How To Install Fail2ban On Ubuntu 20.04 LTS
How To Install Fail2ban On Ubuntu 20.04 LTS
June 08, 2020

Fail2ban is an intrusion prevention software framework widely-used to protect the system from Brute Force and DDoS attacks. It dynamically blocks clients that repeatedly fail to authenticate correctly with the services configured for it. It monitors the system logs in real-time to identify the automated attacks and block the attacking client to restrict the service access either permanently or a specific duration. We can also configure Fail2ban to trigger the emails for all the attacks identified by it. It sends the details including the service being attacked and the source IP address used for the attack.

This tutorial provides the steps to install Fail2ban and use it to protect SSH server authentication and FTP server authentication from brute-force attacks.

Prerequisites

This tutorial assumes that you have already installed Ubuntu 20.04 LTS server for production usage. You can follow Spin Up Ubuntu 20.04 LTS Server On Amazon EC2 to install Ubuntu 20.04 LTS on AWS EC2. It also assumes that you have either root privileges or a regular user with sudo privileges.

Install Fail2ban On Ubuntu 20.04 LTS

This section provides the commands required to install Fail2ban on Ubuntu 20.04 LTS. Use the below-mentioned command to install Fail2ban.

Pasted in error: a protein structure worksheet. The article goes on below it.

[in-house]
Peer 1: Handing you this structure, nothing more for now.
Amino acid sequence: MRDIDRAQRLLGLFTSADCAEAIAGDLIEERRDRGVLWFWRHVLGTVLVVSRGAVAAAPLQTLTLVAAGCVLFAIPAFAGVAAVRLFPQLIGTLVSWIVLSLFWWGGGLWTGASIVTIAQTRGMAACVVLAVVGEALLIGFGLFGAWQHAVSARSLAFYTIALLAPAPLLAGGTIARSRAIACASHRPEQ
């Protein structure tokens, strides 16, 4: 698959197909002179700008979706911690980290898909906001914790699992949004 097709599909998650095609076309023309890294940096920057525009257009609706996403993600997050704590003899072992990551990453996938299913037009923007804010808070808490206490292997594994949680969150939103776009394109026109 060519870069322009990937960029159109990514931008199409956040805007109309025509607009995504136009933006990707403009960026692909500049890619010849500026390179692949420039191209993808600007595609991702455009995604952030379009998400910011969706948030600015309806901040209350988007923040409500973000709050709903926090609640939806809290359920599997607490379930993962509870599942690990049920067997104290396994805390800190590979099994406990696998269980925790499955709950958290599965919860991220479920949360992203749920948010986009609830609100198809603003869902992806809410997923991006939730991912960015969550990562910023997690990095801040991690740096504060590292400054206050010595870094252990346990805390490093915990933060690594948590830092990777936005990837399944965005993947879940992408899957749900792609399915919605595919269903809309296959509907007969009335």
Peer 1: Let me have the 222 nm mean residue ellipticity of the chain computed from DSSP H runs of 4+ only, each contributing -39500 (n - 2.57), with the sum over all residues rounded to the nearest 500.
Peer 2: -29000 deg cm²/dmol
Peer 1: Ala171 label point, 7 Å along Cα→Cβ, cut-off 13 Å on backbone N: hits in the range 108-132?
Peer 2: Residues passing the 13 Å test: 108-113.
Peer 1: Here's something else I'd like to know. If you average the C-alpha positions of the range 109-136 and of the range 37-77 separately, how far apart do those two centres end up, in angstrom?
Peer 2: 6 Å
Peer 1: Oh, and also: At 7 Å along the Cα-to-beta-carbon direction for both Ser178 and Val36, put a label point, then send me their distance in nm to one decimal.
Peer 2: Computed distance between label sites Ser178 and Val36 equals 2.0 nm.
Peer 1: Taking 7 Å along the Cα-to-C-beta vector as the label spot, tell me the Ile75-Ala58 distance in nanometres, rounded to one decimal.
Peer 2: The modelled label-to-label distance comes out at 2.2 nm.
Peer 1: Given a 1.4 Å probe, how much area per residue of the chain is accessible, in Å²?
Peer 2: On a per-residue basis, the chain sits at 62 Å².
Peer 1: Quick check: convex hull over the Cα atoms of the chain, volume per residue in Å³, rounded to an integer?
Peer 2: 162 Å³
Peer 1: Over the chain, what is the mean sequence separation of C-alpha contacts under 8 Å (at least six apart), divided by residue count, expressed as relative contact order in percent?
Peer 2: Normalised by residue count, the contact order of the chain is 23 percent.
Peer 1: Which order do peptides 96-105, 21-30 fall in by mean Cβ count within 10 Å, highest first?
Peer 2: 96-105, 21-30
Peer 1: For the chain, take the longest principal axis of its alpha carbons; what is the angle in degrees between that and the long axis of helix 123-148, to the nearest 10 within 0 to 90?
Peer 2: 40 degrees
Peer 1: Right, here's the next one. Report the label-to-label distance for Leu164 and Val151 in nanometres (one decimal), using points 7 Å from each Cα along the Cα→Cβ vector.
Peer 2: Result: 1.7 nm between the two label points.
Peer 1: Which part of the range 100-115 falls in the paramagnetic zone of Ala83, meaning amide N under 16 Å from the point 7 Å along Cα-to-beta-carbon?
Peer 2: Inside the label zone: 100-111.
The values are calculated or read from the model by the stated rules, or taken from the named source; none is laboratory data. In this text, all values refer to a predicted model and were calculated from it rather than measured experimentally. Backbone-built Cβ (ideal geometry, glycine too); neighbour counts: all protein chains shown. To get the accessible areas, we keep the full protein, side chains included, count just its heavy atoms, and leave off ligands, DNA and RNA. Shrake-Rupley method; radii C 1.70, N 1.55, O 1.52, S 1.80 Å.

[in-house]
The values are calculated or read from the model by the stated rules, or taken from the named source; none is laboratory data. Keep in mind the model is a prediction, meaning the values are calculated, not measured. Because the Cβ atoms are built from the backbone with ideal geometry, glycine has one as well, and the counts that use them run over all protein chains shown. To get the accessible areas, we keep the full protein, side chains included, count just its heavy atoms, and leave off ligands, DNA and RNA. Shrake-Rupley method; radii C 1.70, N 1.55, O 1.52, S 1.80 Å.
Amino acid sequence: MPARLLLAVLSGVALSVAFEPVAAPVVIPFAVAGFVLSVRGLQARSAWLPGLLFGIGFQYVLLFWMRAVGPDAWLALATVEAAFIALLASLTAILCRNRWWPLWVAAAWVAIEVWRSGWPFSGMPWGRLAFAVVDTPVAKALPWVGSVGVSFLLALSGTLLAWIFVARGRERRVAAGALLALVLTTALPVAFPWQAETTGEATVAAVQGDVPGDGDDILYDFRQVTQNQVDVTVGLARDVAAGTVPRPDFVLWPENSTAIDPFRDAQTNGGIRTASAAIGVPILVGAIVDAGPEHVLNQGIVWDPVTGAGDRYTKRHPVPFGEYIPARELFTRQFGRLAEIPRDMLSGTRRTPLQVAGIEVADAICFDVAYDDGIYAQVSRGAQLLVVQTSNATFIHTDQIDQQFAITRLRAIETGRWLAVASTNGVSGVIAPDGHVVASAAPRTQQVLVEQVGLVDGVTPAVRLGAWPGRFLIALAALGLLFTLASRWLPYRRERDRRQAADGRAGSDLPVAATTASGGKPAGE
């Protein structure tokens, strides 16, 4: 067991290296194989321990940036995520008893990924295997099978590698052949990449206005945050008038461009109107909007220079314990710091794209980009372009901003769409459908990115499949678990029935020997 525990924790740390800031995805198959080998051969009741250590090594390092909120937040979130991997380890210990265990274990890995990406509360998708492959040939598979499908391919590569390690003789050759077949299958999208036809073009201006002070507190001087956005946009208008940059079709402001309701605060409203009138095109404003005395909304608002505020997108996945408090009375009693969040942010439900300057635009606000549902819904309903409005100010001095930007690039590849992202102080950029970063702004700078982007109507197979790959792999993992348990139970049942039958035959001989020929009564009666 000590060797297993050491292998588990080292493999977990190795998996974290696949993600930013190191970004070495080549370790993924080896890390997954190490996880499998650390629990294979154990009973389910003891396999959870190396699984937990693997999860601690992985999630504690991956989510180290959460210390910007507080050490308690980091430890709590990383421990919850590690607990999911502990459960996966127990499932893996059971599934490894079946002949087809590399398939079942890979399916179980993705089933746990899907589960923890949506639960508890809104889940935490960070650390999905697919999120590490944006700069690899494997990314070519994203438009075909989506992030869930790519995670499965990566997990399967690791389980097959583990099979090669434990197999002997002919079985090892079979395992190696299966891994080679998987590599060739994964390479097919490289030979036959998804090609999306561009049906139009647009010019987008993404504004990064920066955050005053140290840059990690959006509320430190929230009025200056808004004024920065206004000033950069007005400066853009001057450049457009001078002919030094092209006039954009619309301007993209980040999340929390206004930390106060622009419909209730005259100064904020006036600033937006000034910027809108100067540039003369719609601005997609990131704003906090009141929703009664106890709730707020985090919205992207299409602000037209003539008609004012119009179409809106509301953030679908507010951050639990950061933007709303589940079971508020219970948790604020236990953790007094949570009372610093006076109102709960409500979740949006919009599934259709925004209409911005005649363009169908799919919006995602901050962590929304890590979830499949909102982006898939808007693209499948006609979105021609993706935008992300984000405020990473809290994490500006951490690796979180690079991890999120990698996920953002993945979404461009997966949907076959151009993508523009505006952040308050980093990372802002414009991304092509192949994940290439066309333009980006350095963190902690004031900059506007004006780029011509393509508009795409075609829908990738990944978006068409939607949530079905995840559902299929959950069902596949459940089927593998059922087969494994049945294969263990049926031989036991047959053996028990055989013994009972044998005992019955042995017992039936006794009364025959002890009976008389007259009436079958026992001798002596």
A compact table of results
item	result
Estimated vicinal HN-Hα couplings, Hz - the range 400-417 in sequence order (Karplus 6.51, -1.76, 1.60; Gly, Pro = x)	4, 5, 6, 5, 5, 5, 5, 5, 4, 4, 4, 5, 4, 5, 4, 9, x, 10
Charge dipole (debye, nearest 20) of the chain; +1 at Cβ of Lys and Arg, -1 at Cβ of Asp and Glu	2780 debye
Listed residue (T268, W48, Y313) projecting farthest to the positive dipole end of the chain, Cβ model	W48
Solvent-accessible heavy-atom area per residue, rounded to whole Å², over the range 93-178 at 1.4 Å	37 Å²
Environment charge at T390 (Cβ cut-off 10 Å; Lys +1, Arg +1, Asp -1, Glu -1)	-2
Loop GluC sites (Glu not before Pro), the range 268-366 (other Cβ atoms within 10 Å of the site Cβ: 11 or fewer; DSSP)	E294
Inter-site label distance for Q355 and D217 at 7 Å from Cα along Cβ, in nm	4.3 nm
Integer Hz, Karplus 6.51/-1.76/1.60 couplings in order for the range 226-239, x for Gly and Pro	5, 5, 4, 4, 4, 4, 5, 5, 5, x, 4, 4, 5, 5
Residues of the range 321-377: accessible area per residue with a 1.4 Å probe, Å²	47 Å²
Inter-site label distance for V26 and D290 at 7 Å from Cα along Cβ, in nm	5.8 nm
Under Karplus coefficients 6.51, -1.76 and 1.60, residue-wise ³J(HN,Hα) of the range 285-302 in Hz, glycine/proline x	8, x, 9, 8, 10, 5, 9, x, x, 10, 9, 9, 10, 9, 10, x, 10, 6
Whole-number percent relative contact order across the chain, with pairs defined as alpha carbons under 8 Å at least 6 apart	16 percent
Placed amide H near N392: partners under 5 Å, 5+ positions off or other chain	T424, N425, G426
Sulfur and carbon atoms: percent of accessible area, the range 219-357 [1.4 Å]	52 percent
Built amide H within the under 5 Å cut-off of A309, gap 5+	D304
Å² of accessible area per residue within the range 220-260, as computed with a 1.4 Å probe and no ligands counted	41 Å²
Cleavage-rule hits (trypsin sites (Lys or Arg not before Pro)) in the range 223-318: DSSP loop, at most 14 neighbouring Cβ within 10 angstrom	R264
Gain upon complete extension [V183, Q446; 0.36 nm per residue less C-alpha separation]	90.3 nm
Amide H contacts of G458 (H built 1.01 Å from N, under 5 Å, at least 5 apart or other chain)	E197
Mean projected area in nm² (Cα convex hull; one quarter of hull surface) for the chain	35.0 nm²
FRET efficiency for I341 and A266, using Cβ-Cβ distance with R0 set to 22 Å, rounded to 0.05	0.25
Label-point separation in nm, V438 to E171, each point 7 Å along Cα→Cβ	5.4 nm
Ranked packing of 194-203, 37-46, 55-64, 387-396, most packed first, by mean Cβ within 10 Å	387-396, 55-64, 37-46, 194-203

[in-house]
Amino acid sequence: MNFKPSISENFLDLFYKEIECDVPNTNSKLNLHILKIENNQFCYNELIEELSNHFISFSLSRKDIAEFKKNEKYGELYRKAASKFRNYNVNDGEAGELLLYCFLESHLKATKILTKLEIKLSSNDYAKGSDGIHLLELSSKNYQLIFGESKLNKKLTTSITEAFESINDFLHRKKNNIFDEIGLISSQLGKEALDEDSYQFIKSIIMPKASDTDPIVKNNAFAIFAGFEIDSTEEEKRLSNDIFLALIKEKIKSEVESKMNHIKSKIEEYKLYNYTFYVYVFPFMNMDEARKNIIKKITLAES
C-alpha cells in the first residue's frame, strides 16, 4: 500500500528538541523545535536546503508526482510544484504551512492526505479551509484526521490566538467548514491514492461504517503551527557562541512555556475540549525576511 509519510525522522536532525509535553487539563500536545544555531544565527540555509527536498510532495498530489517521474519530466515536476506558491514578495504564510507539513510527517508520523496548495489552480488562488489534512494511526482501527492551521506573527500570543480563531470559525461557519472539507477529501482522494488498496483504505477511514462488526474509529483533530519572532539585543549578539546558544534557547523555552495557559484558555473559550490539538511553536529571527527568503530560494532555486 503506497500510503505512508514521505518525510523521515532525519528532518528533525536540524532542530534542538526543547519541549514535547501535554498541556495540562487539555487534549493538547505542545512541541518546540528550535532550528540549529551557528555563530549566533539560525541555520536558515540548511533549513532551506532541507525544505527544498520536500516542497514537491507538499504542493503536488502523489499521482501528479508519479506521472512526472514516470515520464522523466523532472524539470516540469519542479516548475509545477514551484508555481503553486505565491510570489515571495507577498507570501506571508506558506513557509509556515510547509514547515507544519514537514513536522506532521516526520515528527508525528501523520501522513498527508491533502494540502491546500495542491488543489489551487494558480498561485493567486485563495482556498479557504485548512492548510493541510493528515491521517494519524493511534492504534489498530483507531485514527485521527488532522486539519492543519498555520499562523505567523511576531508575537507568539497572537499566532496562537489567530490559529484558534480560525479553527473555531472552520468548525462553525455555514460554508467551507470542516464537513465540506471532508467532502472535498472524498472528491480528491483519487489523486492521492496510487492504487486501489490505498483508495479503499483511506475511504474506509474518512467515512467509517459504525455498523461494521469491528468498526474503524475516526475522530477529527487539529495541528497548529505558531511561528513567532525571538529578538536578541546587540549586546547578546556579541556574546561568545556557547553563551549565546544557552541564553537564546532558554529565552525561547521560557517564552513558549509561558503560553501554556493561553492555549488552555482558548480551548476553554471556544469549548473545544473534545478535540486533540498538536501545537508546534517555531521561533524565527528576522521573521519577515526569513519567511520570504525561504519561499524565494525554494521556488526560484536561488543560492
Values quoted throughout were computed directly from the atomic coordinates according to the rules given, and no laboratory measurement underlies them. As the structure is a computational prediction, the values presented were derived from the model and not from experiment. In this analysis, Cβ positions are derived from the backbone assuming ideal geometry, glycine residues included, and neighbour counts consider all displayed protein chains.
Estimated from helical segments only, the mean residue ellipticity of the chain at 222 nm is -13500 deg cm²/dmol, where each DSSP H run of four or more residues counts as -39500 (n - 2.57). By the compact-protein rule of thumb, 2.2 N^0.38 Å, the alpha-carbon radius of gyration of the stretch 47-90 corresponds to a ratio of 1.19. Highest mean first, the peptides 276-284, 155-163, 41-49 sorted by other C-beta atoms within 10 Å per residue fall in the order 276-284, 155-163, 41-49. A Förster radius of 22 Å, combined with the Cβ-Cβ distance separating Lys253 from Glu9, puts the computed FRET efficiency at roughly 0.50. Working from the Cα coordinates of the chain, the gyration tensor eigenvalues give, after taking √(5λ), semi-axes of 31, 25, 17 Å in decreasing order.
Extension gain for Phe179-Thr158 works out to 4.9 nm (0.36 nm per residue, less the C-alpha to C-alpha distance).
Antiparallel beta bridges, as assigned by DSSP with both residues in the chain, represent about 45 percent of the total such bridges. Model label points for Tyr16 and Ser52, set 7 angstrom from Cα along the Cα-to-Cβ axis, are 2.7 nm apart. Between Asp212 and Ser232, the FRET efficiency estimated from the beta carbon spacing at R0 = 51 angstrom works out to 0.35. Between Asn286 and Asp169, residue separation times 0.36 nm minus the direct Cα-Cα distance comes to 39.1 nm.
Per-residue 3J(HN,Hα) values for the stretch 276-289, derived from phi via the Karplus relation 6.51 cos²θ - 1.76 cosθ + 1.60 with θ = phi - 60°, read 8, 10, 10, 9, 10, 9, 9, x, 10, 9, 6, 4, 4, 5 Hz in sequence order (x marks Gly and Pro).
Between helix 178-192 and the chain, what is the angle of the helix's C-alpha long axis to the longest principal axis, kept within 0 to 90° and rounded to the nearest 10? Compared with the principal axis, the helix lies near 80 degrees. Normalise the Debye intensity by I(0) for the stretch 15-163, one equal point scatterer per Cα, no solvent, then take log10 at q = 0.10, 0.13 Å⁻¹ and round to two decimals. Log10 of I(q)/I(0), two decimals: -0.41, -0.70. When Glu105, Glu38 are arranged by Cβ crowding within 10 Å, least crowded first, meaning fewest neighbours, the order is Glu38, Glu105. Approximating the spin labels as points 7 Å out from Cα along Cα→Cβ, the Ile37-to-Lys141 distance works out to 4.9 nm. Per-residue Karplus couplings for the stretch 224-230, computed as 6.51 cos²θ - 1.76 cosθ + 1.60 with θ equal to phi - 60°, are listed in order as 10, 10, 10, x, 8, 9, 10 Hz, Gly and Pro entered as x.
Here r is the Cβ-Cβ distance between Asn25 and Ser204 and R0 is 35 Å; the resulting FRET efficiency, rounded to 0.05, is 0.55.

# Install Fail2ban
sudo apt install fail2ban

# Output
Reading package lists... Done
Building dependency tree
Reading state information... Done
The following additional packages will be installed:
python3-pyinotify whois
Suggested packages:
mailx monit sqlite3 python-pyinotify-doc
The following NEW packages will be installed:
fail2ban python3-pyinotify whois
---
---
Setting up fail2ban (0.11.1-1) ...
Created symlink /etc/systemd/system/multi-user.target.wants/fail2ban.service → /lib/systemd/system/fail2ban.service.
Setting up python3-pyinotify (0.9.6-1.2ubuntu1) ...
Processing triggers for man-db (2.9.1-1) ...
Processing triggers for systemd (245.4-4ubuntu3)

Now we will verify the installation by checking the Fail2ban service status as shown below.

# Fail2ban Status
sudo systemctl status fail2ban

# Output
fail2ban.service - Fail2Ban Service Loaded: loaded (/lib/systemd/system/fail2ban.service; enabled; vendor preset: enabled) Active: active (running) since Sun 2020-06-07 20:07:24 IST; 2min 40s ago Docs: man:fail2ban(1) Main PID: 61291 (f2b/server) Tasks: 5 (limit: 4624) Memory: 15.4M CGroup: /system.slice/fail2ban.service └─61291 /usr/bin/python3 /usr/bin/fail2ban-server -xf start
---
---

The default configuration directory of Fail2ban is located at /etc/fail2ban. The default configurations of Fail2ban are specified in fail2ban.conf and jail.conf. We should not update these files, since Fail2ban scans for the local version of the default configuration files i.e. fail2ban.local and jail.local to override or update the configurations.

Notes: We can always refer /etc/fail2ban/jail.conf to check the default values of all the standard services supported by Fail2ban.

Now we will do the basic configuration of Fail2ban by adding and updating the files fail2ban.local and jail.local as shown below.

# Create and update fail2ban.local
sudo nano /etc/fail2ban/fail2ban.local

# Basic Configuration
[DEFAULT]
loglevel = INFO
logtarget = /var/log/fail2ban.log

# Save and exit the editor by pressing Ctrl + o -> Enter -> Ctrl + x

# Create and update jail.local
sudo nano /etc/fail2ban/jail.local

# Basic Configuration
[DEFAULT]
bantime = 1800
findtime = 600
maxretry = 3
backend = systemd

# Save and exit the editor by pressing Ctrl + o -> Enter -> Ctrl + x

# Restart Fail2ban
sudo systemctl restart fail2ban